beta(2)-adrenoceptor polymorphisms and obstructive airway diseases: Important issues of study design

Yang, Ian A., Ng, Taria, Molenaar, Peter and Fong, Kwun M. (2007) beta(2)-adrenoceptor polymorphisms and obstructive airway diseases: Important issues of study design. Clinical And Experimental Pharmacology and Physiology, 34 10: 1029-1036.


Author Yang, Ian A.
Ng, Taria
Molenaar, Peter
Fong, Kwun M.
Title beta(2)-adrenoceptor polymorphisms and obstructive airway diseases: Important issues of study design
Formatted title β2-adrenoceptor polymorphisms and obstructive airway diseases: Important issues of study design
Journal name Clinical And Experimental Pharmacology and Physiology   Check publisher's open access policy
ISSN 0305-1870
1440-1681
Publication date 2007-10
Sub-type Article (original research)
DOI 10.1111/j.1440-1681.2007.04731.x
Volume 34
Issue 10
Start page 1029
End page 1036
Total pages 8
Place of publication Richmond, Australia
Publisher Wiley-Blackwell
Collection year 2008
Language eng
Subject C1
321201 Environmental and Occupational Health and Safety
730208 Occupational health (excl. economic development aspects)
Abstract Asthma and chronic obstructive pulmonary disease (COPD) are chronic airway diseases characterized by airflow obstruction. The beta(2)-adrenoceptor mediates bronchodilatation in response to exogenous and endogenous beta-adrenoceptor agonists. Single nucleotide polymorphisms in the beta(2)-adrenoceptor gene (ADRB2) cause amino acid changes (e.g. Arg16Gly, Gln27Glu) that potentially alter receptor function. Recently, a large cohort study found no association between asthma susceptibility and beta(2)-adrenoceptor polymorphisms. In contrast, asthma phenotypes, such as asthma severity and bronchial hyperresponsiveness, have been associated with beta(2)-adrenoceptor polymorphisms. Of importance to asthma management, coding region polymorphisms may alter the response to short-acting and long-acting beta-adrenoceptor agonists, which are commonly prescribed asthma treatments. Optimizing study design would enhance the robustness of genetic association studies of ADRB2 polymorphisms in airway diseases. Characteristics of high-quality studies include suitable study design and subject selection, optimal study of polymorphisms and haplotypes, disease outcomes of relevance, adequate sample size, adjustment for confounding factors, supportive functional data and appropriate analysis, interpretation and replication. Enhancing these study design factors will provide high-quality evidence regarding the biological and clinical importance of beta(2)-adrenoceptor pharmacogenomics in asthma and COPD.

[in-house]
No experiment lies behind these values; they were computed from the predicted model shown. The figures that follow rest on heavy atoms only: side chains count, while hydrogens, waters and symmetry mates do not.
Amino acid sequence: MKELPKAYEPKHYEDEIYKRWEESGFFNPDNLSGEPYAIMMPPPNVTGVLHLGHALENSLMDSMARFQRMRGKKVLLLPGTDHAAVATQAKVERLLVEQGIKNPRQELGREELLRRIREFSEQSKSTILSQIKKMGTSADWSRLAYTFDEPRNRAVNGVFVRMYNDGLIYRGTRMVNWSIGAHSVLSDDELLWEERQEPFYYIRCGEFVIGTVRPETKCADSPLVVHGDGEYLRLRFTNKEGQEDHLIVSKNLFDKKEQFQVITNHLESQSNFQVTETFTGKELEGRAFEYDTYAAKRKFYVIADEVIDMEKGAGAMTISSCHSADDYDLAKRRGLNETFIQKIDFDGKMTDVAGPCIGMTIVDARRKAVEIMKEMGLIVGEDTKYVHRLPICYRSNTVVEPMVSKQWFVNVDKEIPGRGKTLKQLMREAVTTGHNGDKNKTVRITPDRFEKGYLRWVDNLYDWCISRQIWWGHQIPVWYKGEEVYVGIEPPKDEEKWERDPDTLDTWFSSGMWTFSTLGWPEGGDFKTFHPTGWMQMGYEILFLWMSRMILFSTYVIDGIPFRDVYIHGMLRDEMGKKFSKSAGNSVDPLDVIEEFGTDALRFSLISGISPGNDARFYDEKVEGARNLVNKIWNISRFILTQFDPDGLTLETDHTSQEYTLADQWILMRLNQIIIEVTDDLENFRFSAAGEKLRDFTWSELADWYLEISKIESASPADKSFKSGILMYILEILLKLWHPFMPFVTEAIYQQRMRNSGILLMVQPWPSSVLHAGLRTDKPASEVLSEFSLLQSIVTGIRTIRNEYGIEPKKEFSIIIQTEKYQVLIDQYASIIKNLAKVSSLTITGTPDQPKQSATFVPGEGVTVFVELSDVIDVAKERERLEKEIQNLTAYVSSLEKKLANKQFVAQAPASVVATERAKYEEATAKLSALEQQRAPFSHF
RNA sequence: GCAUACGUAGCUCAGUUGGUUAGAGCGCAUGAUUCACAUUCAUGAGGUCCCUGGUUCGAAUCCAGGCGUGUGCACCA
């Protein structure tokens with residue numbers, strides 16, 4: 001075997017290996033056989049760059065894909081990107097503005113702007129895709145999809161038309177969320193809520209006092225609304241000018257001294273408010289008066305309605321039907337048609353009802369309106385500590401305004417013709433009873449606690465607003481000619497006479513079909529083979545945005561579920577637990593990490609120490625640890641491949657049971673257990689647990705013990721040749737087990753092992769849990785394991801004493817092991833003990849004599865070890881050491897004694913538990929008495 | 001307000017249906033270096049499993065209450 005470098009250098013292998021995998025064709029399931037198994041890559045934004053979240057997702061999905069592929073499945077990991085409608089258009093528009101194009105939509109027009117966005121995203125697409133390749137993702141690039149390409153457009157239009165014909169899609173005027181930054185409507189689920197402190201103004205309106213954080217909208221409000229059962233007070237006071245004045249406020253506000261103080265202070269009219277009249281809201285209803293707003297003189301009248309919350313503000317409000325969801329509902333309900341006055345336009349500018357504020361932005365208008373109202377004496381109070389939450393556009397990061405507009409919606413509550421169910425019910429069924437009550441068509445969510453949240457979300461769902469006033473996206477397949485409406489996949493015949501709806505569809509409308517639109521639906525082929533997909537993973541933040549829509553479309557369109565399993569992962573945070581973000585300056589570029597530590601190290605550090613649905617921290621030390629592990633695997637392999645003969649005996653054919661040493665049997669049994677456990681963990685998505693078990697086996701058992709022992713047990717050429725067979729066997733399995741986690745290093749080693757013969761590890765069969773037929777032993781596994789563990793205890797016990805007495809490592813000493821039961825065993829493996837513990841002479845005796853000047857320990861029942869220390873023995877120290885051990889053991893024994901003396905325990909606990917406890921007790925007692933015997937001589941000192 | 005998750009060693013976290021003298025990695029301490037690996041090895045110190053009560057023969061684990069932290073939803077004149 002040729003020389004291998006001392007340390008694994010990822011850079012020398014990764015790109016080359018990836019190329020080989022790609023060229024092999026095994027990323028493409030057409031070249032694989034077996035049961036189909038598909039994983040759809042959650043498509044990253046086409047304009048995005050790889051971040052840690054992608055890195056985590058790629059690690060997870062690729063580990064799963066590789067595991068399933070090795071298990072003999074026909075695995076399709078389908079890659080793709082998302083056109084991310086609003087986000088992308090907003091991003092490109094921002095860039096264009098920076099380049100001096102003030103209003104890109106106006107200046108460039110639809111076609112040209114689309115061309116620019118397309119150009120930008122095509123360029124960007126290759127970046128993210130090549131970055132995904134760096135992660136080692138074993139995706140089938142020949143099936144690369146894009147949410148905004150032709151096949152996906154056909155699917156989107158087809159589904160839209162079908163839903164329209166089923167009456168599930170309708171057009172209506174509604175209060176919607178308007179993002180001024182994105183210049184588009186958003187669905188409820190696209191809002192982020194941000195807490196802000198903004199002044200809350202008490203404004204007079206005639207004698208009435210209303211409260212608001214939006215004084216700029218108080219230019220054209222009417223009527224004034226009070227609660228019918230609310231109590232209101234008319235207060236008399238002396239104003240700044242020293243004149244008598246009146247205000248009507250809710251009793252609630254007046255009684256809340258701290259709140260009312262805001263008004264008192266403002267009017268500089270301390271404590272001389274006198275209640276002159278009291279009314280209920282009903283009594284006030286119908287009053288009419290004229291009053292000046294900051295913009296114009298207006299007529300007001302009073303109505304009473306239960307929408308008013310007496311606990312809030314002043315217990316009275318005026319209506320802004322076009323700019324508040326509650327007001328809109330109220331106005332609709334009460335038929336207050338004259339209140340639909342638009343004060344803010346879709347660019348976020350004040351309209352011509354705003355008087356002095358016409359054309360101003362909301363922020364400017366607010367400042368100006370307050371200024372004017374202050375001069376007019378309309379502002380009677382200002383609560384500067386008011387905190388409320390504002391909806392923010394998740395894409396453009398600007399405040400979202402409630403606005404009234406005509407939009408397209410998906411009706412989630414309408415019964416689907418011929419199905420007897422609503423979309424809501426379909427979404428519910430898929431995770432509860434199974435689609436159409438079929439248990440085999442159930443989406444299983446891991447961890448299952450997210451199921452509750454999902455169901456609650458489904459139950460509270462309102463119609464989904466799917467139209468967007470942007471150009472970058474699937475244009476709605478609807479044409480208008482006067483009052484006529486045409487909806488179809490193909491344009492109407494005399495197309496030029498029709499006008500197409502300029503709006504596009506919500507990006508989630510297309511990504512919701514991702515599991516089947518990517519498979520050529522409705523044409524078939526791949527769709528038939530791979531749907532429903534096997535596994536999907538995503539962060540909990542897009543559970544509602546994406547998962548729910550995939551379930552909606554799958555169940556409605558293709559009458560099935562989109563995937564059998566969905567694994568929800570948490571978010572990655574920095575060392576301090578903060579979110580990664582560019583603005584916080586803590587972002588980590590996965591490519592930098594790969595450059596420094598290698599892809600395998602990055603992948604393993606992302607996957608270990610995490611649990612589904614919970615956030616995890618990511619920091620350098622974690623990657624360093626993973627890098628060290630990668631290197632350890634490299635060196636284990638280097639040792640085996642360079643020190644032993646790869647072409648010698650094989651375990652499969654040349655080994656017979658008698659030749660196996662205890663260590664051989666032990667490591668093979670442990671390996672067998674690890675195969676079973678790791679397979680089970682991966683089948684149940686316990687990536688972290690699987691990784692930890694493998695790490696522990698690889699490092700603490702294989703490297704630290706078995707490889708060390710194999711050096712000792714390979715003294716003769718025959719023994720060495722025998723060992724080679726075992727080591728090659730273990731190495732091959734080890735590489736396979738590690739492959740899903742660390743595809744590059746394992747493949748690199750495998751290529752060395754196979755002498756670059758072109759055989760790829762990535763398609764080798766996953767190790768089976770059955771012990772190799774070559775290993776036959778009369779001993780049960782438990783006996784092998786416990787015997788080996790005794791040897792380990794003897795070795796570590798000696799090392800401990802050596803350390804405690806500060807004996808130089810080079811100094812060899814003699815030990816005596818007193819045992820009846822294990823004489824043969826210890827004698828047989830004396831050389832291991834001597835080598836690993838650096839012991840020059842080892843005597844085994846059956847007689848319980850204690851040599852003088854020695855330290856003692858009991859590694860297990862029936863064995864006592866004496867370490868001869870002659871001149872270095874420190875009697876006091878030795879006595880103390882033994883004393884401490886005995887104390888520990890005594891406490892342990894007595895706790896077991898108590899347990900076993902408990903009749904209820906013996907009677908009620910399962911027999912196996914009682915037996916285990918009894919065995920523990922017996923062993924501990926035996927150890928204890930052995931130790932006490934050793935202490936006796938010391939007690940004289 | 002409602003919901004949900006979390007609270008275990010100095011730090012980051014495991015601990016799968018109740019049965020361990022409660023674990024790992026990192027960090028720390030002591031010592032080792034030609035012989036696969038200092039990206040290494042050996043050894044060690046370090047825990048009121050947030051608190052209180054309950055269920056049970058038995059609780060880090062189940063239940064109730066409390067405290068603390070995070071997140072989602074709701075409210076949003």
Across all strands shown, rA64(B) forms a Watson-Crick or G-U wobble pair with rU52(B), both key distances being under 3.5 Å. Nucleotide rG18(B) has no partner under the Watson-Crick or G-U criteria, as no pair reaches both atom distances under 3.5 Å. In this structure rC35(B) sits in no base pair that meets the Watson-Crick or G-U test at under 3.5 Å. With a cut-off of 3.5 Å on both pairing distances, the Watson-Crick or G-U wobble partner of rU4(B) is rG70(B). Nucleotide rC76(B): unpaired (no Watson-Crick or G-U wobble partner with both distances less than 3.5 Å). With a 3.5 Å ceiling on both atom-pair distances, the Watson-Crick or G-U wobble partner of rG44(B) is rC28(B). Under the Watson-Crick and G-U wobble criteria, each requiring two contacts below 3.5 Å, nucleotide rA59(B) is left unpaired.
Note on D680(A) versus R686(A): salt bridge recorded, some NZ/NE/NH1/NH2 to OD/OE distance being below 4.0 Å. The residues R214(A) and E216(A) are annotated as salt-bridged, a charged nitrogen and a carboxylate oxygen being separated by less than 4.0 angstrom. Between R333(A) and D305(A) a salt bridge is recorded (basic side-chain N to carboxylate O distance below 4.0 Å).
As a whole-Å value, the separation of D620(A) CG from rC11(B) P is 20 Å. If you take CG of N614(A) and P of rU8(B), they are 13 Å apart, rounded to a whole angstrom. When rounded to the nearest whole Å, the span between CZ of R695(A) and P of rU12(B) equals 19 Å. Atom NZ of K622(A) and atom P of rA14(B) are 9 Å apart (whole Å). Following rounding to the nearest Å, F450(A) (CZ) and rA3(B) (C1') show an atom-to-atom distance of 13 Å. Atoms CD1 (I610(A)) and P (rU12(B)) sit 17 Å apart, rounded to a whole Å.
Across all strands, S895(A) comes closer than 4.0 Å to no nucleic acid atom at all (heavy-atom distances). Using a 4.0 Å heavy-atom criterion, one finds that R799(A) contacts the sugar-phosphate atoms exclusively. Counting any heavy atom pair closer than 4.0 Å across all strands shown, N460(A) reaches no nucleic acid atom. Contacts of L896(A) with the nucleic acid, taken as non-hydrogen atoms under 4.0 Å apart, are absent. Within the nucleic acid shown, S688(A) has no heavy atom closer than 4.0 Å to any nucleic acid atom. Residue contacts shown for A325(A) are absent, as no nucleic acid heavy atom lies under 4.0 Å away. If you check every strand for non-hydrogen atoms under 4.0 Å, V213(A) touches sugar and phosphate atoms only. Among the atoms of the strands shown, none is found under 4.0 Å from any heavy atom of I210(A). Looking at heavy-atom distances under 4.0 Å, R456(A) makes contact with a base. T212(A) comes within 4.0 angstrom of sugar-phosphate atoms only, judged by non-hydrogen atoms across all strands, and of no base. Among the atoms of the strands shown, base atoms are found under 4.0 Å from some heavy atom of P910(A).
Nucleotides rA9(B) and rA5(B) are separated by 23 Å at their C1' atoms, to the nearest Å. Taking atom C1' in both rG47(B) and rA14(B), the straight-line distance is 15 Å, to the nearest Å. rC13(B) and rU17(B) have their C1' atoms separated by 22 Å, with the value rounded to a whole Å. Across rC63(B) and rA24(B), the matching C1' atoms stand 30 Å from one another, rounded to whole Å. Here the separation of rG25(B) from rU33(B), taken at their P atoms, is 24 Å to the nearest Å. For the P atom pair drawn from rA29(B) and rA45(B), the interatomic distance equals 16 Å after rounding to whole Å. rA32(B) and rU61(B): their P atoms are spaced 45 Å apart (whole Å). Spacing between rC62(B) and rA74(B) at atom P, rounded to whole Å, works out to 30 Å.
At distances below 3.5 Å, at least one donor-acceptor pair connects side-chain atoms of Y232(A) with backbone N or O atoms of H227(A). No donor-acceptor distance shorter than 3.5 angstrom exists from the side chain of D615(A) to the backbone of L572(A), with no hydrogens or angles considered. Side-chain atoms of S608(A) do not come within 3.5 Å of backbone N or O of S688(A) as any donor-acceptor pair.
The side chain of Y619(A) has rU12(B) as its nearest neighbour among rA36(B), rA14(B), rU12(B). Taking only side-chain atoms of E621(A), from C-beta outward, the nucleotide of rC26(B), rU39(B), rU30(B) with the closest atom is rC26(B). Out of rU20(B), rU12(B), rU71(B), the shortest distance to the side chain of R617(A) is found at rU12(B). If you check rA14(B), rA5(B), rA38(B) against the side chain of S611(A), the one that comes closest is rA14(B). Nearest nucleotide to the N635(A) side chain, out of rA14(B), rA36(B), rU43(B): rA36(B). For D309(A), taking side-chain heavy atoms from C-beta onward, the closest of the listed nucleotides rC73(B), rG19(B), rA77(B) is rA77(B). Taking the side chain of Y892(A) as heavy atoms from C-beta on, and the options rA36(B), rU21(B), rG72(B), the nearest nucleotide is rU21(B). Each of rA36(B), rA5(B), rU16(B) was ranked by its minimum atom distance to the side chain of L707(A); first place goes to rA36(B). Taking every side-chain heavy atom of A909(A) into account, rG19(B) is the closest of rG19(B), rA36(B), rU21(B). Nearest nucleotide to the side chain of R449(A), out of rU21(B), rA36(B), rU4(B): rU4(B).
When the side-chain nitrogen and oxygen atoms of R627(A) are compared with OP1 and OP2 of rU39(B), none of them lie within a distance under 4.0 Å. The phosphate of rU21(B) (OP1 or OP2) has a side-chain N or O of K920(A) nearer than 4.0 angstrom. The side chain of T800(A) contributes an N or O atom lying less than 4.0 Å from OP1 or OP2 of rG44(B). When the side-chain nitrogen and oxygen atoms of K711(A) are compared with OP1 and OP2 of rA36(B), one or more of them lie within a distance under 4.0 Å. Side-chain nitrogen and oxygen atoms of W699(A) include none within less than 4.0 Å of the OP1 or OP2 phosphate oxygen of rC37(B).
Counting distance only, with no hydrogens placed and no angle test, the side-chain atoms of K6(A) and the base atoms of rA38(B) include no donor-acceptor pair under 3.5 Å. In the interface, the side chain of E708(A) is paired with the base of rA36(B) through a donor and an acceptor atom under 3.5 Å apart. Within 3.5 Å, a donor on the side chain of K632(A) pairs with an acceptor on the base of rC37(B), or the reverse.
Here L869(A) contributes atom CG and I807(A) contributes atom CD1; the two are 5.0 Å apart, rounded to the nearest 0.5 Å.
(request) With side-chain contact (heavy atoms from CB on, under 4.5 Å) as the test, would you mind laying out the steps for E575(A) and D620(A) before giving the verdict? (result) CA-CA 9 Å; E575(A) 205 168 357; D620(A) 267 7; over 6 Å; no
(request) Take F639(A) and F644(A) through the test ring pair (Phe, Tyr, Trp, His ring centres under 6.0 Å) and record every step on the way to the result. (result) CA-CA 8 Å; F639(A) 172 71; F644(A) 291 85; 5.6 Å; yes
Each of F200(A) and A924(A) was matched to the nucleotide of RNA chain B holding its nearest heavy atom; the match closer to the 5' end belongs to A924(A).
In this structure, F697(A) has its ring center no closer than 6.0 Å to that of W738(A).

Keyword Adrenergic
Beta(2)-adrenoceptor/genetics
Asthma
Genetic
Polymorphism
Receptors
Q-Index Code C1
Q-Index Status Confirmed Code
Institutional Status UQ

 
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Created: Mon, 18 Feb 2008, 14:49:40 EST